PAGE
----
If you follow any of our social media channels, you’ve probably already seen some of our photos from the Huon Show. We keep plucking them out to share, and finding new pictures we like. That’s amazing really, considering we snapped all the images with just a mobile phone. Anyway, we thought we’d also publish a gallery here too, showcasing our visit, for those readers who prefer to follow Think Tasmania’s website only.
Huon Show: Ranelagh via Huonville
As you can see from our photos, the Huon Show was blessed with clear blue skies as far as the eye could see. The event was held on Saturday 16 November at the Ranelagh Showgrounds, five minutes from central Huonville, about a 30-minute drive south of the Tasmanian capital of Hobart.
The Agricultural Society organisers had been hoping to attract a crowd of 11,000 people to the 67th show, traditionally the biggest in country Tasmania. Without knowing official numbers, I’d be confident the attendance figures went way beyond expectations. The car-parks were full to overflowing, and patrons were ferried to-and-from the entrance by bus.
On arrival, we bought our lunch from the Girl Guides, happy to spend our money with a local community group. $12 secured a selection of cold meats and salad, with a bread roll on the side, followed by fruit salad and a cuppa. We preferred the sit-down choice over the multitude of take-away vendors selling everything from hot dogs to fairy floss to ice slushies.
Huon Valley On Show
After lunch, we made our way around the oval, checking out the various displays, competitions, exhibits and attractions. The dogs at the Huon Show were a personal favourite, along with the flower pavilion, ute muster, wood-chopping, show-jumping and Clysdale horses.
The showbag section proved extremely popular, and ice-cream sales must’ve been off the charts thanks to the warm weather. Kids of all ages were drawn to sideshow alley and the usual scream-worthy rides, while many patrons surrounded the latest and greatest in farming equipment (and even some vintage varieties).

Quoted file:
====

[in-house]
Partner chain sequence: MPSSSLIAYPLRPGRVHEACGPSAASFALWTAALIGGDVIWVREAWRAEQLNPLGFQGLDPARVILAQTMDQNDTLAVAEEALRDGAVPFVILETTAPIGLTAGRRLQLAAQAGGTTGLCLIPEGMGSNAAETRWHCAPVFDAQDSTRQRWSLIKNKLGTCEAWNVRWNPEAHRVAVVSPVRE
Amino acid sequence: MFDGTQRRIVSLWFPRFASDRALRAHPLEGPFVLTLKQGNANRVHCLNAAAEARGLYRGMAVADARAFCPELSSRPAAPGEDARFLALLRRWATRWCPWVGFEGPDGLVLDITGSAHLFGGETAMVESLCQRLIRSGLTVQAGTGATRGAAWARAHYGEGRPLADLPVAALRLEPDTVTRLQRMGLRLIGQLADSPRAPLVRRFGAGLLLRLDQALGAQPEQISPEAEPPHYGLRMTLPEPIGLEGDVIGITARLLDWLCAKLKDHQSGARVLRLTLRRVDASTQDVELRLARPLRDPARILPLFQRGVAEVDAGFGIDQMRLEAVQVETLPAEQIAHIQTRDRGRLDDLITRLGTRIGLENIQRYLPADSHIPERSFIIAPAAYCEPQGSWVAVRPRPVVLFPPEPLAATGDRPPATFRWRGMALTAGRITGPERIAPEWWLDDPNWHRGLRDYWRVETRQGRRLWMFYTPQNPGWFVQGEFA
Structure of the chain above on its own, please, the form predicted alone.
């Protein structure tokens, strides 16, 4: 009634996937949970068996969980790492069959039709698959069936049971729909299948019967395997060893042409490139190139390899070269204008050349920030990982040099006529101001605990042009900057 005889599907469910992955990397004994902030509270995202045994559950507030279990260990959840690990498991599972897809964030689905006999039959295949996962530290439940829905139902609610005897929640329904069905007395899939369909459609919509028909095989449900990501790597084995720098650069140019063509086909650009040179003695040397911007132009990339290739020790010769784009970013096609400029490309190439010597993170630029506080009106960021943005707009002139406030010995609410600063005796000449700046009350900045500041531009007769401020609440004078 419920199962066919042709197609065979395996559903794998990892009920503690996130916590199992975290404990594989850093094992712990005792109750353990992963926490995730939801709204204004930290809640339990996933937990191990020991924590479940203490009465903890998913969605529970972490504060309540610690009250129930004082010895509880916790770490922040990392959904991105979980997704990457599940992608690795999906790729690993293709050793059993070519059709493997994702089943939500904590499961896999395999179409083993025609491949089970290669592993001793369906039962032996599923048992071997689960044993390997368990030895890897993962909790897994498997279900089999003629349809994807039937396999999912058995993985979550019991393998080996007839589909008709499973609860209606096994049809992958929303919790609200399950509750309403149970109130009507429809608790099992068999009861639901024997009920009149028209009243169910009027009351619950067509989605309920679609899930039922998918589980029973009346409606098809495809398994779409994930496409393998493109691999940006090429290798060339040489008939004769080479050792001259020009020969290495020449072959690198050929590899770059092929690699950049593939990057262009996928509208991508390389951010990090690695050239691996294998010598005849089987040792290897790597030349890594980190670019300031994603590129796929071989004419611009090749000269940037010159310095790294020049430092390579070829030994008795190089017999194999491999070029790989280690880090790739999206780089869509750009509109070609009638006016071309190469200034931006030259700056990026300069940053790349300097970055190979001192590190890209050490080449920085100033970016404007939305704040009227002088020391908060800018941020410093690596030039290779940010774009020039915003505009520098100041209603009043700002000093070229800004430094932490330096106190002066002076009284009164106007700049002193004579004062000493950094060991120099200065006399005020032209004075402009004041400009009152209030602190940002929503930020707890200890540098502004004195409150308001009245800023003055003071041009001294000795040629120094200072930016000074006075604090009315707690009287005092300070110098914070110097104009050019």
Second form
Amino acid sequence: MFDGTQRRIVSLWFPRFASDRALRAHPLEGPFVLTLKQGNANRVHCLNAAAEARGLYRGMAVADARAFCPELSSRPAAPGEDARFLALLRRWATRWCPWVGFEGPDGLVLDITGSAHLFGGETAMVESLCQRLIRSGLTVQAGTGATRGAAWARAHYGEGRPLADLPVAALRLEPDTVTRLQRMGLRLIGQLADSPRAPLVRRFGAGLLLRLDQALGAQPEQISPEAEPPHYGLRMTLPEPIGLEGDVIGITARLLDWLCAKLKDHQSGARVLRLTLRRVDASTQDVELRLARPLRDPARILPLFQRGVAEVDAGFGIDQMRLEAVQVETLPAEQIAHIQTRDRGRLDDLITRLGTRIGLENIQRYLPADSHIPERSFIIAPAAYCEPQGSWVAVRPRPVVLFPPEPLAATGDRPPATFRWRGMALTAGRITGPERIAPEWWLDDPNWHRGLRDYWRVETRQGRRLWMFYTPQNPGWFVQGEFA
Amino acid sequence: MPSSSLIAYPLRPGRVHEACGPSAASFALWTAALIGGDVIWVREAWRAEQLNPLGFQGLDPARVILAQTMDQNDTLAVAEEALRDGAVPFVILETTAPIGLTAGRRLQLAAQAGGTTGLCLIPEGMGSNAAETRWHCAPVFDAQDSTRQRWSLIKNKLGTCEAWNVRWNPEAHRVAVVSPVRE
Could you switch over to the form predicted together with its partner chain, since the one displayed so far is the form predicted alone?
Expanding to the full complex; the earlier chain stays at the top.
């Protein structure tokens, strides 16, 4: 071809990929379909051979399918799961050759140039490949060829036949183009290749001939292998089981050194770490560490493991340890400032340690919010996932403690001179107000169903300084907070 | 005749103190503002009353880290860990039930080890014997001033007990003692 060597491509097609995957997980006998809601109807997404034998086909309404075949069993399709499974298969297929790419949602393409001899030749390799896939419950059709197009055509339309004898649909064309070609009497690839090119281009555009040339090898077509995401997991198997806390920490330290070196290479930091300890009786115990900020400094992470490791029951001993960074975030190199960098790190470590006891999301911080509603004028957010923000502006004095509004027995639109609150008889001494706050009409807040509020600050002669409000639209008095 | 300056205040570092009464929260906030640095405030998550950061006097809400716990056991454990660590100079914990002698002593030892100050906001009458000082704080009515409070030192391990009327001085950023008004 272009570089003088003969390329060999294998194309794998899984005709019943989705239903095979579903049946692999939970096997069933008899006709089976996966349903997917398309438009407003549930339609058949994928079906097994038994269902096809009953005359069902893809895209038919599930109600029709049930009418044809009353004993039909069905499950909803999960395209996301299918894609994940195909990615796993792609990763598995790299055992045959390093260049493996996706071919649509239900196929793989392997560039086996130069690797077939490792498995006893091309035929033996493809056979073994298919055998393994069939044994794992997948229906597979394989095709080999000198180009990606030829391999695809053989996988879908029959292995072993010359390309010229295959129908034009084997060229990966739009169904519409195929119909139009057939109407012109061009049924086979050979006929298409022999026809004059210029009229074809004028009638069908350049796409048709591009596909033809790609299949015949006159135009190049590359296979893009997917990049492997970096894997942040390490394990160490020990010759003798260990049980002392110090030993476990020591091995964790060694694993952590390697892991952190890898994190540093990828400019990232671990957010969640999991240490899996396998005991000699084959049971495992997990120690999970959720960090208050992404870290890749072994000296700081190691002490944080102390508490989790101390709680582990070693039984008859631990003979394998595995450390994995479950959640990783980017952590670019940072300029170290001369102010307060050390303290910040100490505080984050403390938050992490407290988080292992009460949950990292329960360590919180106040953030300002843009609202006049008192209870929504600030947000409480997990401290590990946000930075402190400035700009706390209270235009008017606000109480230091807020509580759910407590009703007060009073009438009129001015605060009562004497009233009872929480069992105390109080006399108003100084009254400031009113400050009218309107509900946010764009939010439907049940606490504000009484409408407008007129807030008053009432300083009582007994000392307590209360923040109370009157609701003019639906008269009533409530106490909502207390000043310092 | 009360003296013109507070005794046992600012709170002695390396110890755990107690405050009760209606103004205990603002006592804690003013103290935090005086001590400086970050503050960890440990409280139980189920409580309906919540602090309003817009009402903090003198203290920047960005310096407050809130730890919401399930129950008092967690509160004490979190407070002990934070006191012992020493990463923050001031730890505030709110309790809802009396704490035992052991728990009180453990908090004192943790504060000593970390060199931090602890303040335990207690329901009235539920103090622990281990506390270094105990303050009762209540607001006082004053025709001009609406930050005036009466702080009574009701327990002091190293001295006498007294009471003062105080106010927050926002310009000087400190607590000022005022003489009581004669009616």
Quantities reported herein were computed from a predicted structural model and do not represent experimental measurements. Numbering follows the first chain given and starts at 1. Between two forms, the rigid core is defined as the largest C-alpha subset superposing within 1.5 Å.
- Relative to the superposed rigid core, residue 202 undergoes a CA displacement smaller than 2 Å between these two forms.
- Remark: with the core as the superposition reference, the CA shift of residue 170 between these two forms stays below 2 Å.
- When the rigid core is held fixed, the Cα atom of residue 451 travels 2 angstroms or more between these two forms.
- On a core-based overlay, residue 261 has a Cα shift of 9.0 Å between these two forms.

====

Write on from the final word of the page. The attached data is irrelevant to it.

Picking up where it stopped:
Entertainment for the really little folk was provided in a mid-arena tent, and a hundred or so stalls lined the outer perimetre. The grand parade started at 2:30pm and the stock and tractors completed a couple of laps for the enjoyment of onlookers.
The Huon Show seemed to offer something to please everyone and many things to do; we filled in a few hours without too much trouble at all. We probably missed some features too, and we’ll seek them out at the very next chance we have to attend.
We made our way further south to the small Tasmanian town of Franklin when we left the Huon Show. Just because we love the drive, really! We bought some fresh, crunchy Pink Lady apples from a roadside stall, and showed our interstate guests where to find the departure point for a Huon River cruise. But that’s information for another time.
If you like this article about Tasmania, and you’d like to read more, just subscribe to our newsletter or join us on social media via Facebook, Twitter, Pinterest or Instagram. If you really like this article, and you want others to see it, you can choose one of the “share” options below. We’d love that!
Comments relevant to this article are always most welcome, just leave a reply below. But first… please confirm the date of this article. Have you found something current, or is this ancient information? Either way, thanks for your company and come back again soon.